U.S. Steel announced in December 2019 that it would idle most of its operations in the area, including all of its operations on Zug Island, by April 2020.[5] Primary steelmaking activities shut down in April 2020, and the hot strip mill shut down in June of the same year, but in January 2021, the Detroit Free Press reported that there remained 500 employees working at the plant, and that "a few operations [were] ongoing — as long as demand will support them".[6][needs update]


Despite the island's extremely developed industrial landscape, areas along the south and west shores are left undeveloped to provide habitat for wildlife. Foxes and once-endangered peregrine falcons, which frequent large outdoor structures such as the gantry cranes at the ore docks, thrive on the island and offshore. At the bottom of the Detroit River is a man-made bed of coal cinders which serves as a rare spawning site for lake sturgeon, a threatened species. Less desirable are the sizable and sometimes troublesome populations of gulls, feral cats and rats.

Environmental impact[edit]

View of Zug Island from the Delray neighborhood of Detroit

One of the most pressing problems in the neighborhoods surrounding Zug Island is poor air quality. According to an article in the January 20, 2010, edition of the Detroit Free Press, the neighborhoods around the area compose six of the ten most polluted zip codes in Michigan. In the article, residents cite air quality samples containing lead and high levels of methyl ethyl ketone, large numbers of cancer and asthma cases, and foul smells with "sparkly" dust that must be removed with toilet cleaner.[7] Interviewed separately, residents of the area say the foul smells are strong enough to cause dry heaves.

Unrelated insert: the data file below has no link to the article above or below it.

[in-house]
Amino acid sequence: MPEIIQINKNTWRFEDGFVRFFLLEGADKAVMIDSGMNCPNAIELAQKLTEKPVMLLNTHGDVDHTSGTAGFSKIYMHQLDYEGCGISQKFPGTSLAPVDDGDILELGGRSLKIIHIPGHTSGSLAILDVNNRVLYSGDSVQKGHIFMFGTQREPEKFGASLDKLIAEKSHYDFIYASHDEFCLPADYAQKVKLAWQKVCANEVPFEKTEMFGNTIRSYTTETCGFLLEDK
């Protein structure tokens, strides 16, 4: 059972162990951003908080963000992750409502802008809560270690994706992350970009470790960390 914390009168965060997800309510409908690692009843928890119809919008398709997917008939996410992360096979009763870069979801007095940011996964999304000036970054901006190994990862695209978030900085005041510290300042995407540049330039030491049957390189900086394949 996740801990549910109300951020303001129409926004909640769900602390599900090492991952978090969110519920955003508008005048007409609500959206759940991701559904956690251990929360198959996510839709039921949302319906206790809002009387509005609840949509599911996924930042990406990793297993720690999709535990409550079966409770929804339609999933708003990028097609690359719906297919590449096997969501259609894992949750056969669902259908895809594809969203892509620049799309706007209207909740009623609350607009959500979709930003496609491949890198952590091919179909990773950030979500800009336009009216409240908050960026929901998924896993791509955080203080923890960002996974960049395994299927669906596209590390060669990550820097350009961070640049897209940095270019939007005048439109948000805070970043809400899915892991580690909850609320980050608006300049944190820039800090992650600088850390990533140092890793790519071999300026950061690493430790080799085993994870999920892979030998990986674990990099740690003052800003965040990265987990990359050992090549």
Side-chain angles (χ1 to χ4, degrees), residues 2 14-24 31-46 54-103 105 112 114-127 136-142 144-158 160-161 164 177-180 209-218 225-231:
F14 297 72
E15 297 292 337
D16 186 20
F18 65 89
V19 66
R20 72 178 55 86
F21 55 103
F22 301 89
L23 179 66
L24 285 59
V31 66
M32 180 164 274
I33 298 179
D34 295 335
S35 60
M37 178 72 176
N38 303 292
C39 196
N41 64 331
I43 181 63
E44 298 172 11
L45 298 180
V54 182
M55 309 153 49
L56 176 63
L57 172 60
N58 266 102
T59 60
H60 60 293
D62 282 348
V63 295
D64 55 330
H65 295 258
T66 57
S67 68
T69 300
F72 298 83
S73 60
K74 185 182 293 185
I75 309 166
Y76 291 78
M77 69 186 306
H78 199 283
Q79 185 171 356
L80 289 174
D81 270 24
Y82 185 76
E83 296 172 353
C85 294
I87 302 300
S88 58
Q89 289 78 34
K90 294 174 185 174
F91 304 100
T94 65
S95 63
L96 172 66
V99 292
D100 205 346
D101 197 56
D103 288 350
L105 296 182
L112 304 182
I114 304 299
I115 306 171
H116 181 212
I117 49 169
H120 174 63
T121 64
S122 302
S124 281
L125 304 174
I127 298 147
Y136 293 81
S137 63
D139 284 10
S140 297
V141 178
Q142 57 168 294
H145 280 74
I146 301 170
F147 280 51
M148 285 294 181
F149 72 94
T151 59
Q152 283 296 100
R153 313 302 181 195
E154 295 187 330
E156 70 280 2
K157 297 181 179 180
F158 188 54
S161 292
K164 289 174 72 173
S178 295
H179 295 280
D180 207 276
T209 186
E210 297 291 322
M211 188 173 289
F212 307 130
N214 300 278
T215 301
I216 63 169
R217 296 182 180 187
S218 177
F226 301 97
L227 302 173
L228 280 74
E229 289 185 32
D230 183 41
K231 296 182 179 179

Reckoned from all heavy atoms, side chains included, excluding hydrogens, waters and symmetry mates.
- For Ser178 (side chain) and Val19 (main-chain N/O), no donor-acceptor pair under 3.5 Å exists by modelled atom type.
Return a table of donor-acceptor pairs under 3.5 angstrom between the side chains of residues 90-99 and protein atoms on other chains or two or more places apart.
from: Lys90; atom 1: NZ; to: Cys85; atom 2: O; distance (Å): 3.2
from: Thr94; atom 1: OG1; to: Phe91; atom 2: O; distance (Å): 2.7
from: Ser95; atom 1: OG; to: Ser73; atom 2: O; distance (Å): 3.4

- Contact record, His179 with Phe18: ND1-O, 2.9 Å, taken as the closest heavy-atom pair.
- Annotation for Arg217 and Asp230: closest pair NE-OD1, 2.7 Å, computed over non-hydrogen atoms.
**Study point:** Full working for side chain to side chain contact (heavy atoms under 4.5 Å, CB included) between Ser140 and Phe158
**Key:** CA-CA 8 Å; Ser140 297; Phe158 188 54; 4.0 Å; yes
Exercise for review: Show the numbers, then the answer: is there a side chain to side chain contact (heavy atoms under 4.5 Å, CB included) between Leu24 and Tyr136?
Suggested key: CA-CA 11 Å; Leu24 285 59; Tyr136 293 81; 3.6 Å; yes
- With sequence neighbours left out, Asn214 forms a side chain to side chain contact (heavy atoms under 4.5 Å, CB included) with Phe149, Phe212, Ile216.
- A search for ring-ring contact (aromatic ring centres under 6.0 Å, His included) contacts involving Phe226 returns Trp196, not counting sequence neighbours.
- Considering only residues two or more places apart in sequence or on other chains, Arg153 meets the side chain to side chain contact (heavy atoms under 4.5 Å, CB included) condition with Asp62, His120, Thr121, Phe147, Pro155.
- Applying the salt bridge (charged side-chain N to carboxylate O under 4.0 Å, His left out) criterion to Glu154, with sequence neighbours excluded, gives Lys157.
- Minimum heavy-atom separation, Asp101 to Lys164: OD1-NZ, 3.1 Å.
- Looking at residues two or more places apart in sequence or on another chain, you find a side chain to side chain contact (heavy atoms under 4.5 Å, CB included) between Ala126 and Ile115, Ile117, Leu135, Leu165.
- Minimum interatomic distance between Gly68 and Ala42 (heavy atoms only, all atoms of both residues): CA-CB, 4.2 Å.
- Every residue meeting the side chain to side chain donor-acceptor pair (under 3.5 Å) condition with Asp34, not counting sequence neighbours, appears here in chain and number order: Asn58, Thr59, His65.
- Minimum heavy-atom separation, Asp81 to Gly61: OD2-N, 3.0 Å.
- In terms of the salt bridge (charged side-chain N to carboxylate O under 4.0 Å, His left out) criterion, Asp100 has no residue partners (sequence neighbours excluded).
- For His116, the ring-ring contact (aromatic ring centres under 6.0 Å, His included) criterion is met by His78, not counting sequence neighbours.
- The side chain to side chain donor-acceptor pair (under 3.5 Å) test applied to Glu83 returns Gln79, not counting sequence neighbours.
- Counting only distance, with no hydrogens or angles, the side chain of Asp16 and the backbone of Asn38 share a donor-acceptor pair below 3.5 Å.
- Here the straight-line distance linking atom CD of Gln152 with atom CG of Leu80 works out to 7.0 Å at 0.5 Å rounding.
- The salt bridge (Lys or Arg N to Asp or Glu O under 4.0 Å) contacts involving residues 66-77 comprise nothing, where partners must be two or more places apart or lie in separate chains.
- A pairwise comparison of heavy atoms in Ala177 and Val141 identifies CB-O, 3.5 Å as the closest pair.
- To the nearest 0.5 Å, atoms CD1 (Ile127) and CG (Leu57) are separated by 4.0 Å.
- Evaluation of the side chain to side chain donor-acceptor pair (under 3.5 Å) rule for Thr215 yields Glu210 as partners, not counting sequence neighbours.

Noise and vibration[edit]

In 2011, the Zug Island area was identified by Canadian scientists and Ontario's Ministry of Natural Resources as the source of mysterious rumblings and vibrations, known as "The Hum", that have plagued hundreds of area residents with cyclical vibrations reportedly being felt in the ground up to fifty miles (eighty kilometres) away.[8][9][10]

The city of River Rouge reported in the Star that it cannot afford to spend any more money on investigating the hum. They claim the City Council had already spent over $1 million to help Windsor and Ontario find the source of the noise. However, they say it likely comes from the steel mill facilities on the island.[11]

As of April 2013, a Canadian scientist is using sound-level meters and a portable "pentangular array" of cameras and microphones to try to accurately identify the source of the sound, in order to know whom exactly to ask to fix it.[12]